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This site presents the images from the ebook High: Advanced Multipitch Climbing, by David Coley and Andy Kirkpatrick. In order to keep the cost of the book to a minimum most of these were not included in the book. Although they work best when used in conjunction with the book, most are self-explanatory.


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There is little as frustrating as standing in the cold wondering what is going on, so this chapter looks at why good communication is required for moving efficiently and safely. One key conclusion is that climbers need to talk to each other more about what they like and don’t like. For example, some hate a tight rope when seconding, others are comforted by one. One tip is that if the leader puts the belay plate in the right place and ready for the rope to be slotted into it before she pulls the slack up, the second will know he is on belay within a few seconds of the ropes going tight.


1. Table of Climbing Calls

The following table lists common climbing calls from around the world. If you can fill in the gaps or know others from around the world please let David know (d.a.coley@bath.ac.uk).


(Austrian ones provided by Andreas Wimmer.)


North America








Off belay

You can take me off belay








Given me more rope (with double ropes add the colour if you only need slack in one rope).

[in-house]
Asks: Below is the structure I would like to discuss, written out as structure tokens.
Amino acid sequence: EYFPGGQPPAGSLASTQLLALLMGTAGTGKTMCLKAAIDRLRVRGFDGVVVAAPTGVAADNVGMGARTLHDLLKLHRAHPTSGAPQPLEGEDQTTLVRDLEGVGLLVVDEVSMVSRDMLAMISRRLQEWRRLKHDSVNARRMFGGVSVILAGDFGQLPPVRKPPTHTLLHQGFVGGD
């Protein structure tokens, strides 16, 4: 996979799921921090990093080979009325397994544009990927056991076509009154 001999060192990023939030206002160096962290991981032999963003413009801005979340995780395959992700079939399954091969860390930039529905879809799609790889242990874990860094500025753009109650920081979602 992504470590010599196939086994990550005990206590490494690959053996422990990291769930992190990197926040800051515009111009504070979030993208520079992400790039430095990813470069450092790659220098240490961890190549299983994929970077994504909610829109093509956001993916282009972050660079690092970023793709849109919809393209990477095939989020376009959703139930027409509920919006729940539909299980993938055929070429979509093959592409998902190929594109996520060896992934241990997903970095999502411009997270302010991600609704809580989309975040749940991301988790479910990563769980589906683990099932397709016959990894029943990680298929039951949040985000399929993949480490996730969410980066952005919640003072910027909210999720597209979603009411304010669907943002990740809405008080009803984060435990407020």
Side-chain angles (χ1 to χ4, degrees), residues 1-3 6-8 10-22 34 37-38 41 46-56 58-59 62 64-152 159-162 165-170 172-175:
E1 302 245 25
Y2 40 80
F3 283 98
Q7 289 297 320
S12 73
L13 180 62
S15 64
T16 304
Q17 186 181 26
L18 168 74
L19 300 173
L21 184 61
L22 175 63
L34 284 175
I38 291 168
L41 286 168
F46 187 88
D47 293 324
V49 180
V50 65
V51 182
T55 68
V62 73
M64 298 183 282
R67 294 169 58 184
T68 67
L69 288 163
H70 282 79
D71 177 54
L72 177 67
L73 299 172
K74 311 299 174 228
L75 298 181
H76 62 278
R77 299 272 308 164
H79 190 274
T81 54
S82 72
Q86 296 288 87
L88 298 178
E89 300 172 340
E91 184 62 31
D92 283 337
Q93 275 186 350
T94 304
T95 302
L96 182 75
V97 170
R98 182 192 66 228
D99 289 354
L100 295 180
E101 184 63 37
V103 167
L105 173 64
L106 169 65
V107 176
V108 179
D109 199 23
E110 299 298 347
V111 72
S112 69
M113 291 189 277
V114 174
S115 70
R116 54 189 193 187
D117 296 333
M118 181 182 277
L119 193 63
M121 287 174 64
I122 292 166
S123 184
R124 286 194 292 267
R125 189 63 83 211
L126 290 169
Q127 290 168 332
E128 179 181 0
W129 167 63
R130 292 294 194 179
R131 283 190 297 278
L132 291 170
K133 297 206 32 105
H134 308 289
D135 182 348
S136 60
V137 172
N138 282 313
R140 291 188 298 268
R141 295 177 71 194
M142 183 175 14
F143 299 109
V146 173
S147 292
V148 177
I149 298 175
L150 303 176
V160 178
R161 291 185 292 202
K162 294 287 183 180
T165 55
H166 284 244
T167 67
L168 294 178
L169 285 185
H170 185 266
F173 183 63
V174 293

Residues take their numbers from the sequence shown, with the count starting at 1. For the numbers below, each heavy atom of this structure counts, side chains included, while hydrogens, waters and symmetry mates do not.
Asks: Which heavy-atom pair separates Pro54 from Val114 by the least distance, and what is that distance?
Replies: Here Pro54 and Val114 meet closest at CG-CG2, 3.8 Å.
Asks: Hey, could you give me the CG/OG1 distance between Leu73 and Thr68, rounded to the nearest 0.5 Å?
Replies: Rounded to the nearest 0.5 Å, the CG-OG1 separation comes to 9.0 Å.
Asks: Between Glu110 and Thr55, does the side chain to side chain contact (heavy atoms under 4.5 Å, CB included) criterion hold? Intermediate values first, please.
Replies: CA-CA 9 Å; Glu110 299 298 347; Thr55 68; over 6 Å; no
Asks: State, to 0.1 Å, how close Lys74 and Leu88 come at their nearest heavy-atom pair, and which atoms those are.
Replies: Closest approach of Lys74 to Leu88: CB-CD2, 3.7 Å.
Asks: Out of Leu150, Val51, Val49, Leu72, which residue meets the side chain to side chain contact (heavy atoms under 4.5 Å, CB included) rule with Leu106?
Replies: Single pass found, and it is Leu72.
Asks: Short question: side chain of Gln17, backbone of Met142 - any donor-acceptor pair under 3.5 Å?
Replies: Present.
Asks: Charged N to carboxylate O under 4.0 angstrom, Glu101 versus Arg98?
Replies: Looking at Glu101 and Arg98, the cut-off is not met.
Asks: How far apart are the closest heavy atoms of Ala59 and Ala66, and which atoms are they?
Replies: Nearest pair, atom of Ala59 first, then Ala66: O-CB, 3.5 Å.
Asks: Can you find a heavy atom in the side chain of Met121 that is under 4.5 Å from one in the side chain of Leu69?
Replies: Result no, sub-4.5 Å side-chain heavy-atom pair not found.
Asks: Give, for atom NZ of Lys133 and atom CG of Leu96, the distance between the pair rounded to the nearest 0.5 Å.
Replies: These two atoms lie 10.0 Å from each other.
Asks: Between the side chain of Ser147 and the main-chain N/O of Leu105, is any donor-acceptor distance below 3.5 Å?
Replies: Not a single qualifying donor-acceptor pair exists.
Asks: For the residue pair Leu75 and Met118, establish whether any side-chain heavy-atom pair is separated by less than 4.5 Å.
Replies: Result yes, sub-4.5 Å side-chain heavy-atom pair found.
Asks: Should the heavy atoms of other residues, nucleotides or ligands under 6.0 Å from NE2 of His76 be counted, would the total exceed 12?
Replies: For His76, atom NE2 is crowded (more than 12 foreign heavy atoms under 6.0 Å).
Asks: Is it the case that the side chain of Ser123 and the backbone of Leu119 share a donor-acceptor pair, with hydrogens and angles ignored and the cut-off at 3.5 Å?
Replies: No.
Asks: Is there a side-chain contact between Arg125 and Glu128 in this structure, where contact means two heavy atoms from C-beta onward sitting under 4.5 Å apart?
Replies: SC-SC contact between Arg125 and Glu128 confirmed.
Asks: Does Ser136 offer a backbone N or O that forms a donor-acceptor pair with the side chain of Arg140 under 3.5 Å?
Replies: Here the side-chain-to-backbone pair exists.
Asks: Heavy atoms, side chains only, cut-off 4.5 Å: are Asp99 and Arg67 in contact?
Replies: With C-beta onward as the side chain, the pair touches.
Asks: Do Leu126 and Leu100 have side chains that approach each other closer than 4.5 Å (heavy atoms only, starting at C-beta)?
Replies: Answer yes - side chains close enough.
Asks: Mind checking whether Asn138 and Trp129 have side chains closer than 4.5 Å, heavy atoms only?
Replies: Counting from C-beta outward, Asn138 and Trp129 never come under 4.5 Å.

du mou






Said by the second whilst on the belay when the leader has taken in all the slack rope.

That’s me

bout du corde




Seil aus


Take the rope in tight. Normally used by the second.








Take the rope in tight and hold me on it.







Off belay

You are no longer being belayed.

Off belay

corde libre




Seil ein (you are off belay, take the rope up)

Climb on

You are being belayed. Normally shouted to the second to confirm he can strip the belay and start moving.

Climb when ready

allez-y/quand tu veut




“Nachkommen” or “Gesichert”

Take in

Shouted by the second to indicate there is still a lot of slack rope around. (Add the colour of the rope if there is only slack in one rope.)


avalez la corde






Shouted by the second to confirm he has moved off the belay








A warning screamed to indicate you have knocked a rock off or dropped something.








A warning to others that you are about to throw an abseil rope down.

Rope below







I think I’m about to fall off. Normally said by the leader as a way to make sure the second is concentrating and sharing her anxiety

Watch me







Please use the following links to buy the book: Amazon USA (kindle) / Amazon UK (kindle) / itunes / kobo

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v 9 September 2014

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